The more I thought about it, the more genius the project seemed. In an environment swamped with corporate imagery, is a simple, black and white graphic outline enough to draw the eye? With hundreds of words and images screaming for our attention with every step, perhaps these artworks prove that advertising has blinded us to real art even when it is in our midst. Garish adverts for musicals and mobile networks have blinded us to the beauty in the simplicity of an outline. Or, conversely perhaps, by placing itself on the wall like the adverts, the artwork aligns itself with the ad, collapsing the boundaries between art and visual culture, and attempts to vie for our attention in the visual capitalism that is the tube station. By appearing alongside the adverts, these works force the question, as they did for my friend, 'is it still art if you just think it is?' And of course it is. We had no idea whether these pieces were 'art', yet we were still regarding them as such. And this is part of the cleverness of the installation. The works demanded these questions of the people who walked past them every day without even seeing them. Is it still art if nobody notices?
This is a more difficult question. It puts one in mind of the old adage; if a tree falls in the woods and there is no one to hear it, does it still make a sound? Art is, by its very nature, attention-seeking. So if no one receives the message, does the message still exist? This is a tricky one, and deserves more space than I can give to it here. It does, however, get me to thinking about another interpretation for these works. Their anonymity, their un-advertised instalment, their continued un-noticedness, contributes to their meaning. They reflect the very essence of tube travel. Non-Londoners stereotypically perceive Londoners as impersonal, travelling android-like through the Underground seemingly unaware of their fellow humans. Obviously this is exaggerated, but commuting in London is a very anonymous, lonely experience. People are insular, incurious, absorbed by tablets and newspapers and disinterested in the world around them. The spiral artworks are there to be seen, if only you choose to. Blending in to the space around them, and unnoticed by everyone around them, these works encapsulate the growing anonymity which commuting generates. The message about not being noticed is not being noticed. The artworks are proving themselves right.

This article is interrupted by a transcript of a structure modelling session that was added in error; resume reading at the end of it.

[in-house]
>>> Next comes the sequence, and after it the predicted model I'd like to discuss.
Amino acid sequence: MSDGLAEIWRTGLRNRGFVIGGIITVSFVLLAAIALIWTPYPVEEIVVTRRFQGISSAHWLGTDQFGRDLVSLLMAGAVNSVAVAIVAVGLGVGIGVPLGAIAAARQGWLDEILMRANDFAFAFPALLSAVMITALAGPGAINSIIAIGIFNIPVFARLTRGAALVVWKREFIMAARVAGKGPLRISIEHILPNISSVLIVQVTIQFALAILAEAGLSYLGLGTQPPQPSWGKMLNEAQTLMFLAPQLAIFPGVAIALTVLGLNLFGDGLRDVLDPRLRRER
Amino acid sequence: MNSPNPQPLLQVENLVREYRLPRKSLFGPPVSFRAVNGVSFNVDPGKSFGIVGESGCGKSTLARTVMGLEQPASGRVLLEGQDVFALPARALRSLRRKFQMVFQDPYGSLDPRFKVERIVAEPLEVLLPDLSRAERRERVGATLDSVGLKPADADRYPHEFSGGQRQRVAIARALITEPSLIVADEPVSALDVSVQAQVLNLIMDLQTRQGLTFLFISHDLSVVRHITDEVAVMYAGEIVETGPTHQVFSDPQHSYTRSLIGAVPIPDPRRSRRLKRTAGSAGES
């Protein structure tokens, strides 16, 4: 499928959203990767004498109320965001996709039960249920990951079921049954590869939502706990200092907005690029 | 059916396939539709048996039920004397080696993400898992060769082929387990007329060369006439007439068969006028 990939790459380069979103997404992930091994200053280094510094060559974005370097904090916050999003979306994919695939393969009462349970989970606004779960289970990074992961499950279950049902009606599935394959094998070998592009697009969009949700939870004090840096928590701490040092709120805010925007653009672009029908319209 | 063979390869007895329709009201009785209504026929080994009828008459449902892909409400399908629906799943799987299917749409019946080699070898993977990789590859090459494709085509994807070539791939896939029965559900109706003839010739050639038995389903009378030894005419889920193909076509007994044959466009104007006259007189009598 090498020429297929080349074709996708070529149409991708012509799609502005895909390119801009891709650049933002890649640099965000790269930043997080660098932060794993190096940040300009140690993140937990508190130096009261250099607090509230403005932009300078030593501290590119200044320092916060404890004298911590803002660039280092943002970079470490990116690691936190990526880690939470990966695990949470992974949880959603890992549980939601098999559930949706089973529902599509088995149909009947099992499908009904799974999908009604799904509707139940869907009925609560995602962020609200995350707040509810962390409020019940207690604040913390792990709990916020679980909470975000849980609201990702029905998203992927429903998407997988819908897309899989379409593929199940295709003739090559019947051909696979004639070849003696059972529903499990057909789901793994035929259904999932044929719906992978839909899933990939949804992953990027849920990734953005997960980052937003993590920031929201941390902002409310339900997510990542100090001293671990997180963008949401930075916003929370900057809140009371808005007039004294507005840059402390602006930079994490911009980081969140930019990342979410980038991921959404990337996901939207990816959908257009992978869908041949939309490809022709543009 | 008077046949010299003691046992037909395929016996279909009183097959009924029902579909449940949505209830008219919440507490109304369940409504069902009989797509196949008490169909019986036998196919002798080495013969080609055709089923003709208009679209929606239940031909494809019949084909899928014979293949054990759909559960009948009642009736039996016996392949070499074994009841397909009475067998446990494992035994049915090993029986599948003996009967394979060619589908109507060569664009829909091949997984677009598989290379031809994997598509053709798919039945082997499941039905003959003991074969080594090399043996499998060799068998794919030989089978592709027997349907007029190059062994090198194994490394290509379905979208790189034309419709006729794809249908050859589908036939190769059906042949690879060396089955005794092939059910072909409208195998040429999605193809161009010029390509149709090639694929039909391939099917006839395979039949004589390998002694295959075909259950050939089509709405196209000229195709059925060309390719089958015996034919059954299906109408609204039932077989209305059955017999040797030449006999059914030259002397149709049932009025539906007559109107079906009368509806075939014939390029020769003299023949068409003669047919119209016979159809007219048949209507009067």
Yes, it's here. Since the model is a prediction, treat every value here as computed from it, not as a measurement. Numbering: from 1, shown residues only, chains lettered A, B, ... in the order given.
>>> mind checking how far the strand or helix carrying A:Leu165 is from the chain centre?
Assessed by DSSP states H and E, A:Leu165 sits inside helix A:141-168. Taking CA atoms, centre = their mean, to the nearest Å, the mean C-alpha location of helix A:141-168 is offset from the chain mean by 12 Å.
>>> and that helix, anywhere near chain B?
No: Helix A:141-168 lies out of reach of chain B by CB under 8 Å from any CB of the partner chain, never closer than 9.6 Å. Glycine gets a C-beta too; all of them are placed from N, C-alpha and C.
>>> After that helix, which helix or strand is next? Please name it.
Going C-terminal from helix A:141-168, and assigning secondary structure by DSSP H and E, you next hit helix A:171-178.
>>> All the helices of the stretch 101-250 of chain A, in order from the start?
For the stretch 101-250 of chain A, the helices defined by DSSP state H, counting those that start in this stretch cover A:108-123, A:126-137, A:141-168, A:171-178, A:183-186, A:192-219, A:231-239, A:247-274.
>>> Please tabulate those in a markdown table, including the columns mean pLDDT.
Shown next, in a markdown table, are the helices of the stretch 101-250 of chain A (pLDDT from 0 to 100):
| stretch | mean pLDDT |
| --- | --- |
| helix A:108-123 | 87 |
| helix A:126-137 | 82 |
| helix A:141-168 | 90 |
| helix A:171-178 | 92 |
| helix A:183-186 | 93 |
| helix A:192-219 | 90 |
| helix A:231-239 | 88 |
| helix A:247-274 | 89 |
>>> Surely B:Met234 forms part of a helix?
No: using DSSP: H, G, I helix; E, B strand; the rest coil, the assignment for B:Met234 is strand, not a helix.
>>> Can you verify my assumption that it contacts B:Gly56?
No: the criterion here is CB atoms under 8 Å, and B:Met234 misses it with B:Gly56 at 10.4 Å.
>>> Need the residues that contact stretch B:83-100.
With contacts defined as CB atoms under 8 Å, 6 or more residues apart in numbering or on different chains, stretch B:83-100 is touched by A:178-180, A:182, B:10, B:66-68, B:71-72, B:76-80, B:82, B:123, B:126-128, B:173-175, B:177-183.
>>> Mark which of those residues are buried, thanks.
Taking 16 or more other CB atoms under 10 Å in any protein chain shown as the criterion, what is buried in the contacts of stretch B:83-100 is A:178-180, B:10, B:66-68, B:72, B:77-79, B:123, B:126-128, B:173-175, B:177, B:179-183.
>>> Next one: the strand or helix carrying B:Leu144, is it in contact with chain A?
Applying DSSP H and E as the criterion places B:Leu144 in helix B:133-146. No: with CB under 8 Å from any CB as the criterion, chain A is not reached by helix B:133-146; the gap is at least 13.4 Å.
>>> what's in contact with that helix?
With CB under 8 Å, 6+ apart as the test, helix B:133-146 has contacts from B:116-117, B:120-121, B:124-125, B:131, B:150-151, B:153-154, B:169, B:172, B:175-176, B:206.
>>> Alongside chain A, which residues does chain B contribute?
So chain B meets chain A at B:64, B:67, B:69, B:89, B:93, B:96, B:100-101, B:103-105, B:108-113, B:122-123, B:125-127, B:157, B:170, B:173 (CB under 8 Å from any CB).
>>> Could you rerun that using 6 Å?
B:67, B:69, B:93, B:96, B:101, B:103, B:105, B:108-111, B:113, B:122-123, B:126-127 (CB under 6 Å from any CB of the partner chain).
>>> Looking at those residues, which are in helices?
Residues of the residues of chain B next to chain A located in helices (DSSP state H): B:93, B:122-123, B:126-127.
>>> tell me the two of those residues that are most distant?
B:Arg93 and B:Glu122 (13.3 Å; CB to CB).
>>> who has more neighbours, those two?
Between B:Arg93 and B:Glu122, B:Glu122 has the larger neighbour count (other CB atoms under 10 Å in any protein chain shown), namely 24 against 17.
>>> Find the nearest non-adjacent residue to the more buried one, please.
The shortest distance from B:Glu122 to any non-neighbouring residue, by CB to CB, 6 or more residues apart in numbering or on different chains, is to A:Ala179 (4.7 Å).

My first reaction to that piece in Golders Green, 'this is not anything to do with me', encapsulates this apathy. I never thought I could accuse myself of insufficient curiosity, but on that occasion I succumbed. And it makes you wonder how often you brush things off as 'not for me', when it wouldn't kill you to look, and to wonder. Thinking about these works literally opened my eyes, and showed me that something potentially insignificant could garner so much debate.
Of course all of this was just speculation. As attached as I still am to my own interpretation of the artworks, the artist may have had a different one. At this point, I feel I must address the reader directly. If you have been caught up in the magic of the images, and want to discover them and their meanings for yourself, stop reading now. Spoiler alert: from here on in, the mystery will unfold.
Three weeks after my first experience at Golders Green, my friend sent me a link revealing the truth (this link: http://mappinglondon.co.uk/2013/art-on-the-underground-labyrinth/) My high and mighty ideas shattered under the weight of artistic intention. The long and the short of it is that they were commissioned for the Tube's 150th anniversary, and their map-like aesthetic is supposed to reflect a journey on the Underground. Hmm. You may sense from my tone that I think my idea is, like, way better. I was actually surprised at how stroppy I got about having the truth revealed to me. I was annoyed that someone else had noticed the works; I was annoyed they had a different meaning to what I wanted it to be. I was annoyed that they were now connected to the rest of the world.
However, artistic intention is basically irrelevant, especially in modern art. They can be whatever you, or I, want them to be. Just because they're supposed to be a map doesn't stop them also commenting on anonymity. Just because I didn't interpret them as representing a Tube journey doesn't mean they don't. What is important is that art evokes emotion. If you don't connect with an artwork, it's just a load of marks. So my disappointment and teenage strop simply proves that the work has done its job as art. As does the fact that every time I see one, I smile and think about my friend, who I love. It doesn't matter what is art, or what art is supposed to be. All that matters is what it means, and feels, to you.